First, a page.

"I always assume that a good book is more intelligent than its author. It can say things that the writer is not aware of."
"Critical creativity - criticizing what we are doing or inventing better
ways of doing it - is the only mark of the intellectual function."
"An illiterate person who dies, let us say at my age, has lived one life,
whereas I have lived the lives of Napoleon, Caesar, d’Artagnan. So I
always encourage young people to read books, because it’s an ideal way
to develop a great memory and a ravenous multiple personality. And then
at the end of your life you have lived countless lives, which is a
"If culture did not filter, it would be inane - as inane as the formless,
boundless internet is on its own. And if we all possessed the boundless
knowledge of the web, we would be idiots! Culture is an instrument for
making a hierarchical system of intellectual labor."
"I think that comedy is the quintessential human reaction to the fear of death."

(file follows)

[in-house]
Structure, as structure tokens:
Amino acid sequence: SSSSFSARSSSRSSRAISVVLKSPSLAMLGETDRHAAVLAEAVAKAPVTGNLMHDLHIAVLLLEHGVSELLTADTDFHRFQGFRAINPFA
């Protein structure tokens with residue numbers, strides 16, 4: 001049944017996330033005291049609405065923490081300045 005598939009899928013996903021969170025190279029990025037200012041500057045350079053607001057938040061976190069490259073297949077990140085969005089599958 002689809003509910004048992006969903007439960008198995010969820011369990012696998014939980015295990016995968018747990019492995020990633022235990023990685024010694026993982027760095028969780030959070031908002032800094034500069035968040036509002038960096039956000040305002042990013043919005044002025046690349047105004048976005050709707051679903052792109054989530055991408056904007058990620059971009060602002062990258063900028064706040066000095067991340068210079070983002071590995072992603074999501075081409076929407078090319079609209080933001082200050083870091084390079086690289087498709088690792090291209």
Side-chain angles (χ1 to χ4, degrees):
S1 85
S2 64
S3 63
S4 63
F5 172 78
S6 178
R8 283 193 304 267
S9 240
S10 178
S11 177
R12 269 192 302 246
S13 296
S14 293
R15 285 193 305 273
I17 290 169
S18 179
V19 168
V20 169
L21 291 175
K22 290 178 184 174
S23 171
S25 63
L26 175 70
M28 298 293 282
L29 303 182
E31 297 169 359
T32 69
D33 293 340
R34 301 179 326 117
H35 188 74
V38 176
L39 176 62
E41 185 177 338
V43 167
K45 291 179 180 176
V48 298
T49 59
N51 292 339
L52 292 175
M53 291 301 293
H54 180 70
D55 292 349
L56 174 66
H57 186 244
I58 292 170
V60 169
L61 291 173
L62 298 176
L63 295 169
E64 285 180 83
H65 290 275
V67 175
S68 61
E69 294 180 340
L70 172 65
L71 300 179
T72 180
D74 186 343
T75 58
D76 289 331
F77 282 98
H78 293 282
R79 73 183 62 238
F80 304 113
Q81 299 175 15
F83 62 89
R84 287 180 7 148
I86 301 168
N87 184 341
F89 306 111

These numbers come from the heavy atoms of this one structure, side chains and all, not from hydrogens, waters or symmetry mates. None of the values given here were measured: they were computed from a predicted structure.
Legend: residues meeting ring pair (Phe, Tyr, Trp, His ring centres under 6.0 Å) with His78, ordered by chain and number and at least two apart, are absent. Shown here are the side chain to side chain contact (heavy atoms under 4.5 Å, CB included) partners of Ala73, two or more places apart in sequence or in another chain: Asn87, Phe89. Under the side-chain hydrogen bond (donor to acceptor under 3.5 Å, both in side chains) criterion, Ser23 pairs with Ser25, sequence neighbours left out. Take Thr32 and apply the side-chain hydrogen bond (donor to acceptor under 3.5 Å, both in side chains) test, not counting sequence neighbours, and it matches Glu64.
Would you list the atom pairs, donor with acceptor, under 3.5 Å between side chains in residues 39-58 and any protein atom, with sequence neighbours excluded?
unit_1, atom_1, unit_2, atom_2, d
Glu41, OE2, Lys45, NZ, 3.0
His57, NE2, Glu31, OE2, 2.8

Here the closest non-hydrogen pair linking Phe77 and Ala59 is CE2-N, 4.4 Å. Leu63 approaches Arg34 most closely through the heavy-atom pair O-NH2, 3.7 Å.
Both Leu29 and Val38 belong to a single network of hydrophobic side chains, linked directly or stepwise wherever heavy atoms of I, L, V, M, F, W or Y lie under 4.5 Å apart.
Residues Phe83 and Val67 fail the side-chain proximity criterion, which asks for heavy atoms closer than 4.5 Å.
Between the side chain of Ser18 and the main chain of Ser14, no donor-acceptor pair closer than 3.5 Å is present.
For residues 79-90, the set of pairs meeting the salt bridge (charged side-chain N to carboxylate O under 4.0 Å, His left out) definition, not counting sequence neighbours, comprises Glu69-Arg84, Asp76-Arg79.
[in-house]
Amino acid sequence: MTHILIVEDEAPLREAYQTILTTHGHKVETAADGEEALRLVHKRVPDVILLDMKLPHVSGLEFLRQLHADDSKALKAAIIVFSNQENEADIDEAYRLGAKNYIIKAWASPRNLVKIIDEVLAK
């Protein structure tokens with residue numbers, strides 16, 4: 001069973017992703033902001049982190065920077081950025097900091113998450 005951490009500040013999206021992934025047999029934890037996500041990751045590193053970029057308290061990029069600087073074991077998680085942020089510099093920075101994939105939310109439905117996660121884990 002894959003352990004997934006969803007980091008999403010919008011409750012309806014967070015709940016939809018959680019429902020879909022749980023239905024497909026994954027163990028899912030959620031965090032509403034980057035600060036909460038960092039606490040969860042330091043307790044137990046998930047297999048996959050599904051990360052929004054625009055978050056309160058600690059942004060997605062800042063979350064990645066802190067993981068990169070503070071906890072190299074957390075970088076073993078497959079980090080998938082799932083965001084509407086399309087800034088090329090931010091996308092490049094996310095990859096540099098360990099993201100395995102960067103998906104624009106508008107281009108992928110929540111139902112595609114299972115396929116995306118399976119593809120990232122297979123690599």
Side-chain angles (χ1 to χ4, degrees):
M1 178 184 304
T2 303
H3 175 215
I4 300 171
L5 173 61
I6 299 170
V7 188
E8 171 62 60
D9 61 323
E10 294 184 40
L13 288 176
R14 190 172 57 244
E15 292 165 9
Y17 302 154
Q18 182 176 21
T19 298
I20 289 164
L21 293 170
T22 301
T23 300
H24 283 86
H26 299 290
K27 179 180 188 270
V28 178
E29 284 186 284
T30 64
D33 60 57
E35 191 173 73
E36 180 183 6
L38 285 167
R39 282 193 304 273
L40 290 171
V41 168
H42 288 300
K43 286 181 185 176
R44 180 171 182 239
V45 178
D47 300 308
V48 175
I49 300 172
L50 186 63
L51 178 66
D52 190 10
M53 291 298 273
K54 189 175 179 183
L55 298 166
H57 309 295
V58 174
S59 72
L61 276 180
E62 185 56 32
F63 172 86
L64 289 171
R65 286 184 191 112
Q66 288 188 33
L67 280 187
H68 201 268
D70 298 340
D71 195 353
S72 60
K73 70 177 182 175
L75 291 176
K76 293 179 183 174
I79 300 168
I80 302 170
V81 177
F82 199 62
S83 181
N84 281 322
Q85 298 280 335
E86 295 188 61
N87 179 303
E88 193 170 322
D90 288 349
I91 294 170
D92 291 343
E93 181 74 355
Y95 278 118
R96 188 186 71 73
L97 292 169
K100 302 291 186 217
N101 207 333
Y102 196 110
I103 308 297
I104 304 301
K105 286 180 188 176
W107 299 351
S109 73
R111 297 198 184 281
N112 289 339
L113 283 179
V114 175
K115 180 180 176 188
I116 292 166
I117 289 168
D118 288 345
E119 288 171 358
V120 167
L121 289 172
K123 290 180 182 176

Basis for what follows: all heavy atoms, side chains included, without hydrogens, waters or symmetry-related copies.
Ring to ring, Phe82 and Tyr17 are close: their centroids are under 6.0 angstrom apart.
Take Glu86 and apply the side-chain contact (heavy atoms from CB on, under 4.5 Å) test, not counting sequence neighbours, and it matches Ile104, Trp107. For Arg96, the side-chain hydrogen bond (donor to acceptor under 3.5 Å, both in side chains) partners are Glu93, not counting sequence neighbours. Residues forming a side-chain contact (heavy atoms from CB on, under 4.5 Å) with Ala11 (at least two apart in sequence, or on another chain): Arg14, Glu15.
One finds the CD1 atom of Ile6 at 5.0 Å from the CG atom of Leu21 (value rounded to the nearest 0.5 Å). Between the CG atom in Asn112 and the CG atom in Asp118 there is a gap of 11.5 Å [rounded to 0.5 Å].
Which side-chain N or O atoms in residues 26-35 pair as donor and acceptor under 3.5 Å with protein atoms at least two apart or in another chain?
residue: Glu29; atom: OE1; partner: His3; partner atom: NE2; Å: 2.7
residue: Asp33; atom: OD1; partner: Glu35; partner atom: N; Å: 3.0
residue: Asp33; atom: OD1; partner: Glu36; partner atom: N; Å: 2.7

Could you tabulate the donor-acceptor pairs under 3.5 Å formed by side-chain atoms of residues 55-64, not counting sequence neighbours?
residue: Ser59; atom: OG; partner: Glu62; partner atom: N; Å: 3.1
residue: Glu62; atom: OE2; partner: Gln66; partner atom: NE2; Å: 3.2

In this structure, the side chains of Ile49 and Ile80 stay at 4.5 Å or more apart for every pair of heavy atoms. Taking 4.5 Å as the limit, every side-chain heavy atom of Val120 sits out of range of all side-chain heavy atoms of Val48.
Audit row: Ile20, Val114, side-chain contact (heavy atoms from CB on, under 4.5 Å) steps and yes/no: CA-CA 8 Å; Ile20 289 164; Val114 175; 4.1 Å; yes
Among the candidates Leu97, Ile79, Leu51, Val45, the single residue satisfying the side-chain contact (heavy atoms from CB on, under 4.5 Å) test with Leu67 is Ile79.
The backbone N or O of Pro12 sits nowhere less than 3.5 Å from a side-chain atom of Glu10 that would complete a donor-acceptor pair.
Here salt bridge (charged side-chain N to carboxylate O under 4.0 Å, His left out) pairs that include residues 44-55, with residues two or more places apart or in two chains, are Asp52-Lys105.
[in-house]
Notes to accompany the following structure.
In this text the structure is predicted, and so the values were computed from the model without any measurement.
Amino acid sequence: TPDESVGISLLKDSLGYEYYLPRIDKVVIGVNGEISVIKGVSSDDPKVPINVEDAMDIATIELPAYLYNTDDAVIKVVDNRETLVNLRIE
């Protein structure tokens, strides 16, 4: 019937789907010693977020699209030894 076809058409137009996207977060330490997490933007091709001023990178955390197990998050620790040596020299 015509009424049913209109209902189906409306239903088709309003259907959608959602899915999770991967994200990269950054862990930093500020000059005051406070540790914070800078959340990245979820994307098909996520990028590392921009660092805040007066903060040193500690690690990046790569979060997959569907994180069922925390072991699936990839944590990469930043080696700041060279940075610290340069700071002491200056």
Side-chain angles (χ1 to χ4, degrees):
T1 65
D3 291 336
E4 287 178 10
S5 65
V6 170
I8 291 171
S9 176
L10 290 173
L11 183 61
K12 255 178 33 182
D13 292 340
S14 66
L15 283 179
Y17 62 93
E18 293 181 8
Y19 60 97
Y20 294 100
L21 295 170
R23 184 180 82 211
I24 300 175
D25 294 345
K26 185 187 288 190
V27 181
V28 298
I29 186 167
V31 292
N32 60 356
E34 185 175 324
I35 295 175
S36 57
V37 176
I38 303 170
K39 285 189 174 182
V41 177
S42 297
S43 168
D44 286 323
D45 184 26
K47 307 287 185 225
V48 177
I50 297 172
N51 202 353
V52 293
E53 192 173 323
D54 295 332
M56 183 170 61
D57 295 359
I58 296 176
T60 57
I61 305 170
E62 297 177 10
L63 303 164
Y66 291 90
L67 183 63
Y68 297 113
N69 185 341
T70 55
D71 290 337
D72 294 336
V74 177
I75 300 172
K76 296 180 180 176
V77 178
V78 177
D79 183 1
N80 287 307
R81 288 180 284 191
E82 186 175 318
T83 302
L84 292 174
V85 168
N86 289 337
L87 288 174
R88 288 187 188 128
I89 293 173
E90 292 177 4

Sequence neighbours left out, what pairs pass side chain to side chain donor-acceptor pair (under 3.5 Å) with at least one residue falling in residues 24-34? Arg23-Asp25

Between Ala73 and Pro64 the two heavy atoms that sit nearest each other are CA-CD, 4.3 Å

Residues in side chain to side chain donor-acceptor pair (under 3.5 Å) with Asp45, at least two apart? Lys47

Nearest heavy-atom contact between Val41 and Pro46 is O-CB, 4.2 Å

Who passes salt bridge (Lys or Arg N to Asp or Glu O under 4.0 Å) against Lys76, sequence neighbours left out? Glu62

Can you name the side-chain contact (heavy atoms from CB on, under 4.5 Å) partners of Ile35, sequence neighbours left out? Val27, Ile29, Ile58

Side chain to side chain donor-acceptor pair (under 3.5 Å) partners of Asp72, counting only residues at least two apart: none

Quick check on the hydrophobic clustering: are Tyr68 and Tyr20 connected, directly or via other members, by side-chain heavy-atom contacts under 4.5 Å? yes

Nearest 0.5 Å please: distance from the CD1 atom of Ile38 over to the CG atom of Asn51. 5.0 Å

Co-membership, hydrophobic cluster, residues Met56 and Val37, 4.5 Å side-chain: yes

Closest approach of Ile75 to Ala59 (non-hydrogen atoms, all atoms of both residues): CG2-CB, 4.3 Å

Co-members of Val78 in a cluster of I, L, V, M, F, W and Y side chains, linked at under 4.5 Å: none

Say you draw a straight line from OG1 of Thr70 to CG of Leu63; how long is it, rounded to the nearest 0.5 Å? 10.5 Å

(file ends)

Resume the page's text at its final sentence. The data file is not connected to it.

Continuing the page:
Just a smattering of observations made by Umberto Eco in the course of this excellent interview with Lila Azam Zanganeh for The Paris Review. Eco died on Friday, and the wide-ranging interview - which covers everything from his childhood passion for books to reflections on his career and academic and literary legacy - serves as a superb epitaph.
Along the way, Eco discusses semiotics, philosophy, translation, the added power and richness of ideas and theories when transposed into fiction, his literary influences (Joyce and Borges, but also Aquinas and other classical philosophers), his contemporary literary loves (Roth and DeLillo), political engagement and memory. Amusingly, he confesses to a love of Starsky And Hutch, and claims that Dan Brown is essentially one of his fictional creations.
The fact that he didn't write his first novel - the bestselling The Name Of The Rose - until he was 48 gives hope to this late-thirtysomething that it might yet happen...
(Thanks to Adam for the link.)